Sharpening the chain should fix this problem, but at some point it will need a replacement. Knowing what chainsaw chains to use is necessary to avoid performance issues. High quality chains last a long time though, so if your equipment is new you probably will not need a replacement right away.

A Clogged Air Filter

A dirty air filter can cause chainsaws to malfunction, smoke or stop running altogether. Sawdust and other debris can clog the filters and increase friction, affecting performance and stability.

Large and small engines are vulnerable to clogged air filters especially with heavy duty use. If left untreated, the engine will be forced to work harder just to start and cut. This increases the temperature and causes overheating and smoking.

All you need to do is clean the filters. This is pretty easy and should be one of the first things you should examine if there is a problem with the blade.

Why Do Chainsaw Blades Smoke?

A very hot chainsaw blade usually ends up smoking because the issues are the same. This also means you can apply the same fixes.

There are however, other reasons why there is smoke on the chainsaw. If you have ruled out the causes cited earlier, look for the following.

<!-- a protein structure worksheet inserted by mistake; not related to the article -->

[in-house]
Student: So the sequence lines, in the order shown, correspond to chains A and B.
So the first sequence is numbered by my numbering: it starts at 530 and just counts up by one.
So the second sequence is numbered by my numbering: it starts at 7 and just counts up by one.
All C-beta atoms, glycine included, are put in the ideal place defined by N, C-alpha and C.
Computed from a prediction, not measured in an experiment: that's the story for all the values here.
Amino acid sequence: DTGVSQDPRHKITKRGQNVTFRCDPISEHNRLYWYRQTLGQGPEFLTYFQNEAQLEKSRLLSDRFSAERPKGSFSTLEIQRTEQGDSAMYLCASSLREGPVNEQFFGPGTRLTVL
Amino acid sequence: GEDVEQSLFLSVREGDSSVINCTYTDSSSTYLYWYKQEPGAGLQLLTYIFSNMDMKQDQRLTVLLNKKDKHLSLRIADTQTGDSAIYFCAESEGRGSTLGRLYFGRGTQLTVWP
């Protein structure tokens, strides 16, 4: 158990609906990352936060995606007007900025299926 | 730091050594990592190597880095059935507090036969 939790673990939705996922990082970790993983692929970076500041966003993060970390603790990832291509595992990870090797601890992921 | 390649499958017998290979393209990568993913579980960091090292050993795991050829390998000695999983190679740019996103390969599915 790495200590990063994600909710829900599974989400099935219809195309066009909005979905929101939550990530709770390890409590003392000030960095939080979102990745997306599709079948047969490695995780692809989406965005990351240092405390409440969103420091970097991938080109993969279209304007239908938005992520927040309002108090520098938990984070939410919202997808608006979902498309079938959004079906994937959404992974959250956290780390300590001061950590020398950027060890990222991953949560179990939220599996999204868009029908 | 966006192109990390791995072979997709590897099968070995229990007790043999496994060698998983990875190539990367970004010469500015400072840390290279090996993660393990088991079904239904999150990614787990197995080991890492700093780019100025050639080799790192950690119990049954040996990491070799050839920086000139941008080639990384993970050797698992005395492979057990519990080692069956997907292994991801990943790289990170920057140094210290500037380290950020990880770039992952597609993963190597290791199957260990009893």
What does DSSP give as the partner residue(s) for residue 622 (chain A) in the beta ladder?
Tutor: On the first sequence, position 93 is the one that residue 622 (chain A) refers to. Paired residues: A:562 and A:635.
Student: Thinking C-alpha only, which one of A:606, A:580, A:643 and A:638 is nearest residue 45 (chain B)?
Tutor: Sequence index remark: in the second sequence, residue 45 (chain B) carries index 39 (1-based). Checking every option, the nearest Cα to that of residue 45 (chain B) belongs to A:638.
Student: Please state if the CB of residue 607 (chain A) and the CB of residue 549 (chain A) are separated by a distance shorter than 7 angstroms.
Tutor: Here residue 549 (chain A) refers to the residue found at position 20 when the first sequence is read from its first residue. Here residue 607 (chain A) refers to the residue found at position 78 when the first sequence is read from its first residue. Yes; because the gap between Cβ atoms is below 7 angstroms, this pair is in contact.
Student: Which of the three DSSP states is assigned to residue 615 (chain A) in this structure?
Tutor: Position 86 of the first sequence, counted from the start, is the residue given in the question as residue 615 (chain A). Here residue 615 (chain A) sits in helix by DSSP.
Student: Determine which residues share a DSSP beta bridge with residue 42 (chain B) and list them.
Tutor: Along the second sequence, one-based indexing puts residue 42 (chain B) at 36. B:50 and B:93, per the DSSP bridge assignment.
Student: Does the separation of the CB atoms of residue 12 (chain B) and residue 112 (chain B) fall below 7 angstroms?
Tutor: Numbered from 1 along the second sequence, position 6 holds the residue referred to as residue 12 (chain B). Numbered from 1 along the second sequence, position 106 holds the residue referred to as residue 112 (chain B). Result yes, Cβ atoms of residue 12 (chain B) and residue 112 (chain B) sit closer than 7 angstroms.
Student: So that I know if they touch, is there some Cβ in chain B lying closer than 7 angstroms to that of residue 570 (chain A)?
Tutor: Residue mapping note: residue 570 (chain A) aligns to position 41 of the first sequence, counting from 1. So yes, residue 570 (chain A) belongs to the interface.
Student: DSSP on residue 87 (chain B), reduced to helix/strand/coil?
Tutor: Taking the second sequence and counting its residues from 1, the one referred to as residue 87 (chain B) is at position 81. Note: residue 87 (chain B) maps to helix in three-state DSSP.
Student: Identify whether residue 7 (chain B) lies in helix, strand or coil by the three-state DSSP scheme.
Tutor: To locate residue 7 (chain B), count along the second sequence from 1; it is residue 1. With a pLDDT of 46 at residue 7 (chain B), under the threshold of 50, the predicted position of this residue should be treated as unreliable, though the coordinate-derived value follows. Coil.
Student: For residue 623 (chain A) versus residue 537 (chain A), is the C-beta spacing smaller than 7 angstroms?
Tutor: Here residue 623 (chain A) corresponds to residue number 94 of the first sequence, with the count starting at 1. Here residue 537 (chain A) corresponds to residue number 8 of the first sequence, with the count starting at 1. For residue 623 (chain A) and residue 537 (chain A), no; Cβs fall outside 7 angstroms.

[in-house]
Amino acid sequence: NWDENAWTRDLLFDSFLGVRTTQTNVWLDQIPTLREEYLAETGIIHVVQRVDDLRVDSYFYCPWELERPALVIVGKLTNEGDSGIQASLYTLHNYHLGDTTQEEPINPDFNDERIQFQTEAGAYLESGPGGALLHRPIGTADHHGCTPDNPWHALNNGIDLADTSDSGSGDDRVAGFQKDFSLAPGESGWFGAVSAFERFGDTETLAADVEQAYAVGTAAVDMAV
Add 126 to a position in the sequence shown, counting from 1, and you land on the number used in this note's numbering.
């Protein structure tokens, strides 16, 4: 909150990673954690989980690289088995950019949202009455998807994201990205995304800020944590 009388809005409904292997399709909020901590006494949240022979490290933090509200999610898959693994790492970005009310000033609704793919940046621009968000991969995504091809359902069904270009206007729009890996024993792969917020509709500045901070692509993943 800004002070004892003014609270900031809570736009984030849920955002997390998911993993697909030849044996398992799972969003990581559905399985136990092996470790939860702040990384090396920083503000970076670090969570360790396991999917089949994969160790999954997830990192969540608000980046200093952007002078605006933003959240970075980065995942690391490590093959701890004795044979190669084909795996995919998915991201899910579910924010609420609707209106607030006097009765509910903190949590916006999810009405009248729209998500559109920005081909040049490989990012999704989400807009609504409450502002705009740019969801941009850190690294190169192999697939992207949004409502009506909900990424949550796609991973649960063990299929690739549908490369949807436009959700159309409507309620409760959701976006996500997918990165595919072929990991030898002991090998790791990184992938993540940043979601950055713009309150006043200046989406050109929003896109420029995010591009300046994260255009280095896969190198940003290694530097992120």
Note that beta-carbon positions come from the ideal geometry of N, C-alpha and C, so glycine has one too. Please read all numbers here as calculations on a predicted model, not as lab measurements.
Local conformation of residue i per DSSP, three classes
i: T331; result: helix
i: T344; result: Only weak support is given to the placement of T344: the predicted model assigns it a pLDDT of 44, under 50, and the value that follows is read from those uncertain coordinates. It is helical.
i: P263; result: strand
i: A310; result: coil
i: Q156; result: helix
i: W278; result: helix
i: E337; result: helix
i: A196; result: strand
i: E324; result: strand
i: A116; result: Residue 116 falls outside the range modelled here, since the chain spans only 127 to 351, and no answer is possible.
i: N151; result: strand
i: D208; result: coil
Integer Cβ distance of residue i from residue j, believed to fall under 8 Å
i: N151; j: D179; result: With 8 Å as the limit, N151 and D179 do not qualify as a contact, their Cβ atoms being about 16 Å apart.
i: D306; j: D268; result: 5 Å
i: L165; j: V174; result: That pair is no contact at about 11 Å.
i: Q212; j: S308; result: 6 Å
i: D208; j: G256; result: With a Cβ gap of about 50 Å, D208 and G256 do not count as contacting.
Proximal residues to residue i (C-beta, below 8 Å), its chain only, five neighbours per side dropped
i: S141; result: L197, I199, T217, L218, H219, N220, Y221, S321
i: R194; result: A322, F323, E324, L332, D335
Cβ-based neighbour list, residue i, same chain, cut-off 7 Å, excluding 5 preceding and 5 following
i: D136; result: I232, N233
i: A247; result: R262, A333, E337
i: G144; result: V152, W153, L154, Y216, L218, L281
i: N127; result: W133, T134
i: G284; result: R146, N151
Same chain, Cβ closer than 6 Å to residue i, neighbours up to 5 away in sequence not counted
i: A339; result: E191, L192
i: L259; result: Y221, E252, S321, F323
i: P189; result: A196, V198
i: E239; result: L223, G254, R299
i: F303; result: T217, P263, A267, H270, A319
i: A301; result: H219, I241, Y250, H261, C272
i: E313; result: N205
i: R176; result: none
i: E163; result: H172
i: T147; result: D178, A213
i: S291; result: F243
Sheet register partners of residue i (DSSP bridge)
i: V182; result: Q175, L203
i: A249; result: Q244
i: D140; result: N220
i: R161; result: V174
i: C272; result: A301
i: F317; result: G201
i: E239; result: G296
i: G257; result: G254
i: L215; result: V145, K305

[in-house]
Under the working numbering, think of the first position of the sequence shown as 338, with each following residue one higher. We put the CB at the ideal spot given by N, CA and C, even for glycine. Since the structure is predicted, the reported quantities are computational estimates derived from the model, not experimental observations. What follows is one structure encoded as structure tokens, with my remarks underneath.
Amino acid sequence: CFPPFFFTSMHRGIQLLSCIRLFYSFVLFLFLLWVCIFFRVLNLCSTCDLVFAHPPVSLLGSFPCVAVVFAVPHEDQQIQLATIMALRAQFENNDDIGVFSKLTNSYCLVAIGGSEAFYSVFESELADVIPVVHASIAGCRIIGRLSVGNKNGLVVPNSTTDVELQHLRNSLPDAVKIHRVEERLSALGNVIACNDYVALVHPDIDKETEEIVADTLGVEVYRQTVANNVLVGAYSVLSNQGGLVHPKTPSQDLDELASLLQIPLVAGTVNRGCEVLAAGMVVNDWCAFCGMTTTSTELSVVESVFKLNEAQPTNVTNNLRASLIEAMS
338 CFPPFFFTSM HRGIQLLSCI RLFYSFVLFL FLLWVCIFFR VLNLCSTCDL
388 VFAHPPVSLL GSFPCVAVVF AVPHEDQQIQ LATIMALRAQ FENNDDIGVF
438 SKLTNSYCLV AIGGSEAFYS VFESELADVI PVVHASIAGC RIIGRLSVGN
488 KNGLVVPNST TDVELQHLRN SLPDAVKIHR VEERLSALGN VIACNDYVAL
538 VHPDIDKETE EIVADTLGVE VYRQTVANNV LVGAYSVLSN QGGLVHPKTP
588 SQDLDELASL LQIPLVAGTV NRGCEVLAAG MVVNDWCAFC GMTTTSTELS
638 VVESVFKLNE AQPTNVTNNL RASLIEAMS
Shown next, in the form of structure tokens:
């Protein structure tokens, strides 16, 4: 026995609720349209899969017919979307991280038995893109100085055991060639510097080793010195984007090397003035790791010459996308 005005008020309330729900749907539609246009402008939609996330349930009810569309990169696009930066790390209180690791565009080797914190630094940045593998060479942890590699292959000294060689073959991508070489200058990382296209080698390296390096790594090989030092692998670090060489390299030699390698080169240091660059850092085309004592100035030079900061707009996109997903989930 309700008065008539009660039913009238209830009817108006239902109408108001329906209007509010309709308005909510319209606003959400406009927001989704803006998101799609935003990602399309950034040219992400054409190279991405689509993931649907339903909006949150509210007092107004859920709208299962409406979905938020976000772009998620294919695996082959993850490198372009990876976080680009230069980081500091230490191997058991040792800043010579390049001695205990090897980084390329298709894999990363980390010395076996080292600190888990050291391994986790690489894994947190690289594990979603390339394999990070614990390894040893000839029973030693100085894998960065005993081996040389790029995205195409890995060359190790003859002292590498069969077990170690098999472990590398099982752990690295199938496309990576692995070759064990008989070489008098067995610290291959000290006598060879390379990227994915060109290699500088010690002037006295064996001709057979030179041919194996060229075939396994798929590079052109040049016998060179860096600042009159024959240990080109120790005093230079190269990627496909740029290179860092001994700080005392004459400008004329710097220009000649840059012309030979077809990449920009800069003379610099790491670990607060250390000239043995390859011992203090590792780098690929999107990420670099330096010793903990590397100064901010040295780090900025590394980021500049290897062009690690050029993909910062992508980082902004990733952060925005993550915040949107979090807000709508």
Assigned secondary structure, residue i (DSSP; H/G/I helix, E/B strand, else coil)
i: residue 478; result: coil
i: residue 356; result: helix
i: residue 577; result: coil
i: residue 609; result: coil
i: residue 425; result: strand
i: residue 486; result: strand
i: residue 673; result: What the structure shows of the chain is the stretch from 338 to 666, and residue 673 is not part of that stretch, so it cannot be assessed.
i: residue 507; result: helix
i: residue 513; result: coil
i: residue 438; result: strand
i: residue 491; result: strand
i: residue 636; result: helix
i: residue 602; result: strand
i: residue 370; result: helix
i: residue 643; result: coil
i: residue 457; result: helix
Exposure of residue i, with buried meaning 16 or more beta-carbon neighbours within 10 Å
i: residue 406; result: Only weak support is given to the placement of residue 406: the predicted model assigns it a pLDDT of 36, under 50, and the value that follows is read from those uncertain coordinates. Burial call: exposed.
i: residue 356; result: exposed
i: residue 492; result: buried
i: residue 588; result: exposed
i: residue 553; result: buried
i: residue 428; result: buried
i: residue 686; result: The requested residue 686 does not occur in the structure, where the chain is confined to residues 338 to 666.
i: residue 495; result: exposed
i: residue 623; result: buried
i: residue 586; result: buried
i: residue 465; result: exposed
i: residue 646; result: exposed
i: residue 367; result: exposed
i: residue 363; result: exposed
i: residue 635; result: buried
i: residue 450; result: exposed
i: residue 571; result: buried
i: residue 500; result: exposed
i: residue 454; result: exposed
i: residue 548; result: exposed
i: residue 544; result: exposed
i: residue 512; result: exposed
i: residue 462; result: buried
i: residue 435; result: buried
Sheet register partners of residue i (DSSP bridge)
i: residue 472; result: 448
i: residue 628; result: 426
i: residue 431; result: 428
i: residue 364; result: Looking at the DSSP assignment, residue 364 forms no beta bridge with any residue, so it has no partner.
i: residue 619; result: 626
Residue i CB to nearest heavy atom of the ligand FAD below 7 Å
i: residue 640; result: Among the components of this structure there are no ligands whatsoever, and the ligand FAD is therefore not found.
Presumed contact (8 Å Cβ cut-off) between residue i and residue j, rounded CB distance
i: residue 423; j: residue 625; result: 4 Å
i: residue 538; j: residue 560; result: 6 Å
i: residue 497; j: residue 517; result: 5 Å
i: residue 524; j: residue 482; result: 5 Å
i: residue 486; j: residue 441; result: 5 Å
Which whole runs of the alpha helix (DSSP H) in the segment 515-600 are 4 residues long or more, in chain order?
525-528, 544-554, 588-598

Fuel Problems. If there is enough oil but you see smoke, it is probably due to an issue with the fuel. Turn the tool off before doing any inspection, cleaning or repair.

Clogged with debris. If your fuel tank is not properly sealed, sawdust, wood strands, dirt, leaves, dust and other particles could get into it.

Waterlogged. Gas chainsaws are built for use in wet conditions. But an old or poorly maintained fuel tank is vulnerable to leaks.

Incorrect fuel mix ratio. Your chainsaw comes with specific instructions about the mixture. Using an improper ratio can cause all kinds of issues.

Too much oil. There could also be a copious amount oil or gas in the tank. This will affect the mixture and cause smoke to bellow out. Remove the oil and prepare a new mix.

Old oil. The fuel mix is old and been contaminated by debris. If the oil looks dirty and been sitting in the tank for a long time, replace it.

If the tank is drying out that will also be troublesome. The bottom line is this: inspect the fuel tank before you start using the chainsaw, and it should be the first thing you look at if there is smoke or the blade gets very hot.